When Casey revisited Roe almost 20 years later, it reaffirmed Roe’s central holdingbut pointedly refrained from endorsing most of its reasoning. The Court abandoned any reliance on a privacy right and instead grounded the abortion right entirely on the Fourteenth Amendment’s Due Process Clause. The controlling opinion criticized and rejected Roe’s trimester scheme, and substituted a new and obscure “undue burden” test.  Casey, in short, either refused to reaffirm or rejected important aspects of Roe’s analysis, failed to remedy glaring deficiencies in Roe’s reasoning, endorsed what it termed Roe’s central holding while suggesting that a majority might not have thought it was correct, provided no new support for the abortion right other than Roe’s status as precedent, and imposed a new test with no firm grounding in constitutional text, history, or precedent. Pp. 45–56.

(3) Workability. Deciding whether a precedent should be overruled depends in part on whether the rule it imposes is workable—that is, whether it can be understood and applied in a consistent and predictable manner.  Casey’s “undue burden” test has scored poorly on the workability scale. The Casey plurality tried to put meaning into the “undue burden” test by setting out three subsidiary rules, but these rules created their own problems. And the difficulty of applying Casey’s new rules surfaced in that very case. The experience of the Courts of Appeals provides further evidence that Casey’s “line between” permissible and unconstitutional restrictions “has proved to be impossible to draw with precision.”

(4) Effect on other areas of law.  Roe and Casey have led to the distortion of many important but unrelated legal doctrines, and that effect provides further support for overruling those decisions. Pp. 62–63.

(5) Reliance interests.  Overruling Roe and Casey will not upend concrete reliance interests like those that develop in “cases involving property and contract rights.”  In Casey, the controlling opinion conceded that traditional reliance interests were not implicated because getting an abortion is generally “unplanned activity,” and “reproductive planning could take virtually immediate account of any sudden restoration of state authority to ban abortions.” Instead, the opinion perceived a more intangible form of reliance, namely, that “people [had] organized intimate relationships and made choices that define their views of themselves and their places in society . . . in reliance on the availability of abortion in the event that contraception should fail” and that “[t]he ability of women to participate equally in the economic and social life of the Nation has been facilitated by their ability to control their reproductive lives.”  Ibid.  The contending sides in this case make impassioned and conflicting arguments about the effects of the abortion right on the lives of women as well as the status of the fetus. The Casey plurality’s speculative attempt to weigh the relative importance of the interests of the fetus and the mother represent a departure from the “original constitutional proposition” that “courts do not substitute their social and economic beliefs for the judgment of legislative bodies.”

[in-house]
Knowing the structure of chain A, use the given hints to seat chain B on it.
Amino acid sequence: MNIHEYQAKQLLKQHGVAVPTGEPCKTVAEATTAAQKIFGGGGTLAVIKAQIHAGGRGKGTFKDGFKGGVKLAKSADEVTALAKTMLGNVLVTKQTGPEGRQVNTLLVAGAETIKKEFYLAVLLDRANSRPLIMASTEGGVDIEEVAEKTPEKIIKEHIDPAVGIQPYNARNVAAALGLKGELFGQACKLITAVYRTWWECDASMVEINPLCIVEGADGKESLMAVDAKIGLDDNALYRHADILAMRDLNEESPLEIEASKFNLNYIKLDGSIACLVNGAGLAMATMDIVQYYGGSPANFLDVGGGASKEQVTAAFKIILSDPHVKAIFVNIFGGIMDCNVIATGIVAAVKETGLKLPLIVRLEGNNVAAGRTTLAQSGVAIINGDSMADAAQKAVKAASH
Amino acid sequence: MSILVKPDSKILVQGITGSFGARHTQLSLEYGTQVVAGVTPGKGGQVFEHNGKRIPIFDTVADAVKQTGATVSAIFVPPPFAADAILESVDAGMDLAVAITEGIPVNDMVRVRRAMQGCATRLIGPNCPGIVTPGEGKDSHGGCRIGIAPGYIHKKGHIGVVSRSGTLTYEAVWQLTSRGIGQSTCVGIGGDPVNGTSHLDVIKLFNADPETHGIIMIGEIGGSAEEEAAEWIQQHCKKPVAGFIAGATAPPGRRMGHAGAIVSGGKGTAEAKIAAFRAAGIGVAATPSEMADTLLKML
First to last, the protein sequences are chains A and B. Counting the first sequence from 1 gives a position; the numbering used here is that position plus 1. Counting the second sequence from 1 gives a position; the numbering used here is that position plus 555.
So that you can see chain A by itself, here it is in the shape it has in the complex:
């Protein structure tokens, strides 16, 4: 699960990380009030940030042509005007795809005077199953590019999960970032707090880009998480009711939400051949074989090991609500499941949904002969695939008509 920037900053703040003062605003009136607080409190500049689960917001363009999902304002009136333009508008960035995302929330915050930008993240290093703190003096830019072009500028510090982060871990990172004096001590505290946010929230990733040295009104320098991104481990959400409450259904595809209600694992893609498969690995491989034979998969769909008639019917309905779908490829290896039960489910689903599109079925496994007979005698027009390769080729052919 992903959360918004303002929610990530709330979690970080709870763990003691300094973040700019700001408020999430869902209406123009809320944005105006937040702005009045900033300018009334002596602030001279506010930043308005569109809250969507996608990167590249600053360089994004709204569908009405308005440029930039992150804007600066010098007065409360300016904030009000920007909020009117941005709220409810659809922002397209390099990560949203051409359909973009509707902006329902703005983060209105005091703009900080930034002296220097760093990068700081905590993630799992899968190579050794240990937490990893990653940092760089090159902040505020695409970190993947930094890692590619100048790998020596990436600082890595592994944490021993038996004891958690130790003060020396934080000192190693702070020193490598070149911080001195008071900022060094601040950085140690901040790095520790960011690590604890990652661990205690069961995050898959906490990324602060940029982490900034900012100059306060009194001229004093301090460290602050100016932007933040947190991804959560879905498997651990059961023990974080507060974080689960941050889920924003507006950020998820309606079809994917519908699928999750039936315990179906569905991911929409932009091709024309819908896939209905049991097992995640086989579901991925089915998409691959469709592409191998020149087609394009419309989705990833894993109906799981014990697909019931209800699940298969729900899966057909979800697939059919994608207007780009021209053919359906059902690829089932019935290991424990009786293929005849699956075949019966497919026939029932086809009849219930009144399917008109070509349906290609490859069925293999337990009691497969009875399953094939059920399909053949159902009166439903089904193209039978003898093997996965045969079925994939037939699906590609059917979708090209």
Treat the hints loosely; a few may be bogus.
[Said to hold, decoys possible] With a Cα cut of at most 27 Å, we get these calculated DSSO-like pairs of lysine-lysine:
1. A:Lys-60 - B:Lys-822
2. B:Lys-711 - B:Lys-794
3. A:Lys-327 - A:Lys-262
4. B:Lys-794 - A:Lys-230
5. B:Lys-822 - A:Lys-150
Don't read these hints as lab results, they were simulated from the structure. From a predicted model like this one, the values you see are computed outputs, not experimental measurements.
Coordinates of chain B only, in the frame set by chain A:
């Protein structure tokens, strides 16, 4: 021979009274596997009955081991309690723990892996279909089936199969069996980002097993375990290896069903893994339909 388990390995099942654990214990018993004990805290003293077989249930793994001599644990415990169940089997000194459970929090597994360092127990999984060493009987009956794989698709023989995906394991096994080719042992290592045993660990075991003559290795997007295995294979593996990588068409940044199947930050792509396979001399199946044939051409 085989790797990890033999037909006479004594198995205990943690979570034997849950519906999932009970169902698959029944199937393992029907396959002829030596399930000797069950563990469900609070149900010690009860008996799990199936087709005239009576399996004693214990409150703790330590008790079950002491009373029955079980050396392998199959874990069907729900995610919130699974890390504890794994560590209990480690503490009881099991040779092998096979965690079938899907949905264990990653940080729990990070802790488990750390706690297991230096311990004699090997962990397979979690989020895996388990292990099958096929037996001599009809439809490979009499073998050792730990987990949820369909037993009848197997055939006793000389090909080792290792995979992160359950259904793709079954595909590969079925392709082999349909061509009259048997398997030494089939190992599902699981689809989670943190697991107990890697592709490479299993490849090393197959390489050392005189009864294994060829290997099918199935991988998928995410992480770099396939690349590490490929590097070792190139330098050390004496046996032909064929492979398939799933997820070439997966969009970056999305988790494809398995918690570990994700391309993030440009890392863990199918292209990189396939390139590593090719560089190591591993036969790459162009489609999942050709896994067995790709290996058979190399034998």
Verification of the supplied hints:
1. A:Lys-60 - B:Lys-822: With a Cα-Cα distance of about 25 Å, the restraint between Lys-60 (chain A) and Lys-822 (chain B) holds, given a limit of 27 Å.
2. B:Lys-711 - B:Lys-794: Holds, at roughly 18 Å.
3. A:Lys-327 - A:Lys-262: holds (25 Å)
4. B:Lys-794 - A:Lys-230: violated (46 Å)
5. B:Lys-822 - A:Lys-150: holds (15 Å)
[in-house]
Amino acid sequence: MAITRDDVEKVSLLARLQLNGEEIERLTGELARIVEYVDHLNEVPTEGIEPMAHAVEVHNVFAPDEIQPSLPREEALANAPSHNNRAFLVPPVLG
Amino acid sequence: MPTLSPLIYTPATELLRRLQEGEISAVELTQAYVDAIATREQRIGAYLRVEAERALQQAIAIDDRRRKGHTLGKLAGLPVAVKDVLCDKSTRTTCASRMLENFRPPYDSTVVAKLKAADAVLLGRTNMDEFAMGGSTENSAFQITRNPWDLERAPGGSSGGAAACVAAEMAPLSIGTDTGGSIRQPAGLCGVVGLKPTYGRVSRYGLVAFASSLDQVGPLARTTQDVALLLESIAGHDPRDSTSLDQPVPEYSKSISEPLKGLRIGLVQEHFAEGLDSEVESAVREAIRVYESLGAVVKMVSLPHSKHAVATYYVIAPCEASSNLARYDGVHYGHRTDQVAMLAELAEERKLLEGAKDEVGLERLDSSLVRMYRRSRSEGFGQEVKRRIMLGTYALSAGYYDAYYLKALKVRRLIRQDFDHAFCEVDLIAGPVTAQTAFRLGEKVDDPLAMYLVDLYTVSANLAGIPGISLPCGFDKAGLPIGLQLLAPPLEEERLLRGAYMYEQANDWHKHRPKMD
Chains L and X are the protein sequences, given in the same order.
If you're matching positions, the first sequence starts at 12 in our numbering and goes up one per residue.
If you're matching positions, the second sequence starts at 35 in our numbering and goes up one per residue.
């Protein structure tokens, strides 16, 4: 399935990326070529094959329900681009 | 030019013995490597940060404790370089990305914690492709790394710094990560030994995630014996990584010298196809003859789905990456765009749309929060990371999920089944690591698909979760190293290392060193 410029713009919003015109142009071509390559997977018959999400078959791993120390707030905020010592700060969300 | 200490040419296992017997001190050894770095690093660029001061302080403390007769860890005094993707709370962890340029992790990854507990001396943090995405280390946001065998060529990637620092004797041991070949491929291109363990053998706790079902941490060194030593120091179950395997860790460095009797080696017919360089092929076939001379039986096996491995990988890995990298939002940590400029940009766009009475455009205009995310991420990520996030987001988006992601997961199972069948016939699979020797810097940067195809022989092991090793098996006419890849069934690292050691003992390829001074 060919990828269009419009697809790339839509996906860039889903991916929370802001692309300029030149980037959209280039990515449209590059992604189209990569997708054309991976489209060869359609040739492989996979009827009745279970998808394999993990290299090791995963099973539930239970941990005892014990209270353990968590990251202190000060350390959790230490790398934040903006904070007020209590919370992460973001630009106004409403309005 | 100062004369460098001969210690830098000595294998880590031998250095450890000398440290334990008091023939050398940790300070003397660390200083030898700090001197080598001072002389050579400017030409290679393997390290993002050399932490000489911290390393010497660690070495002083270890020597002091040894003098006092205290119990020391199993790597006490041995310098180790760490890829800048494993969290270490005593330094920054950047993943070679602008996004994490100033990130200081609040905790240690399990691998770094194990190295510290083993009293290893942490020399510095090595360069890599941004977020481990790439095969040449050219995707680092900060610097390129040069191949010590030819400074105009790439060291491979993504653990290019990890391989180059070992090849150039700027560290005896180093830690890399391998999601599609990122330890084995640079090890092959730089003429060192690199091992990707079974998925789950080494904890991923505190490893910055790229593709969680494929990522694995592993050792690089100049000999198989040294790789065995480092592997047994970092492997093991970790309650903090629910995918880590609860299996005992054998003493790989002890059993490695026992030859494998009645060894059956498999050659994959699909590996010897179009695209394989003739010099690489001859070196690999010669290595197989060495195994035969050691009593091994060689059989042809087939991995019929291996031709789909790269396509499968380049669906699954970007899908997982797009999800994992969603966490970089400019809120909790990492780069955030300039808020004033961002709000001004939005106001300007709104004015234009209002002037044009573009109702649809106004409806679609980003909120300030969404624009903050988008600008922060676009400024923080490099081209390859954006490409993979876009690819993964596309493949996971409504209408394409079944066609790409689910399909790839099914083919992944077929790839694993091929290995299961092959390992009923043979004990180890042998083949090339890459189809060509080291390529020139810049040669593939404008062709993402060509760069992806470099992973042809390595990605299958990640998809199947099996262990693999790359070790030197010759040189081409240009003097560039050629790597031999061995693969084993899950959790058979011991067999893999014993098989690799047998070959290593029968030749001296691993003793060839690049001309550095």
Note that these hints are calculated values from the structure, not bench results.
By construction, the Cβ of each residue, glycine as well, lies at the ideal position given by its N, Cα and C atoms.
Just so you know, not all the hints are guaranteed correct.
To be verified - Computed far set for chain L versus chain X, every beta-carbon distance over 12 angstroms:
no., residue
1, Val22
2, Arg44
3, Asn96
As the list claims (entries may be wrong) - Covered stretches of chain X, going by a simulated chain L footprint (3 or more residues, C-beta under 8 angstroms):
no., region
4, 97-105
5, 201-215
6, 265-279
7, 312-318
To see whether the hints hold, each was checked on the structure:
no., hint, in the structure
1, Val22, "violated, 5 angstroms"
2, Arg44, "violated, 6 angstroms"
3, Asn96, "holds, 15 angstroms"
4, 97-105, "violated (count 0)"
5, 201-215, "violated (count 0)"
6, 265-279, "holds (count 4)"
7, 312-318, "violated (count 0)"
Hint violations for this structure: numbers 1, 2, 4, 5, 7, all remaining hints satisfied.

The Solicitor General suggests that overruling Roe and Casey would threaten the protection of other rights under the Due Process Clause. The Court emphasizes that this decision concerns the constitutional right to abortion and no other right. Nothing in this opinion should be understood to cast doubt on precedents that do not concern abortion. Pp. 63–66.

Casey identified another concern, namely, the danger that the public will perceive a decision overruling a controversial “watershed” decision, such as Roe, as influenced by political considerations or public opinion. But the Court cannot allow its decisions to be affected by such extraneous concerns. A precedent of this Court is subject to the usual principles of stare decisis under which adherence to precedent is the norm but not an inexorable command. If the rule were otherwise, erroneous decisions like Plessy would still be the law. The Court’s job is to interpret the law, apply longstanding principles of stare decisis, and decide this case accordingly. Pp. 66–69.

Under the Court’s precedents, rational-basis review is the appropriate standard to apply when state abortion regulations undergo constitutional challenge. Given that procuring an abortion is not a fundamental constitutional right, it follows that the States may regulate abortion for legitimate reasons, and when such regulations are challenged under the Constitution, courts cannot “substitute their social and economic beliefs for the judgment of legislative bodies.”  That applies even when the laws at issue concern matters of great social significance and moral substance. A law regulating abortion, like other health and welfare laws, is entitled to a “strong presumption of validity.” It must be sustained if there is a rational basis on which the legislature could have thought that it would serve legitimate state interests.  Id., at 320.

Mississippi’s Gestational Age Act is supported by the Mississippi Legislature’s specific findings, which include the State’s asserted interest in “protecting the life of the unborn.” These legitimate interests provide a rational basis for the Gestational Age Act, and it follows that respondents’ constitutional challenge must fail. Pp. 76–78.

Abortion presents a profound moral question. The Constitution does not prohibit the citizens of each State from regulating or prohibiting abortion.  Roe and Casey arrogated that authority. The Court overrules those decisions and returns that authority to the people and their elected representatives. Pp. 78–79.

945 F.3d 265, reversed and remanded.

Alito, J., delivered the opinion of the Court, in which Thomas, Gorsuch, Kavanaugh, and Barrett, JJ., joined. Thomas, J., and Kavanaugh, J., filed concurring opinions. Roberts, C. J., filed an opinion concurring in the judgment. Breyer, Sotomayor, and Kagan, JJ., filed a dissenting opinion.” https://supreme.justia.com/cases/federal/us/597/19-1392/

Pastor Steve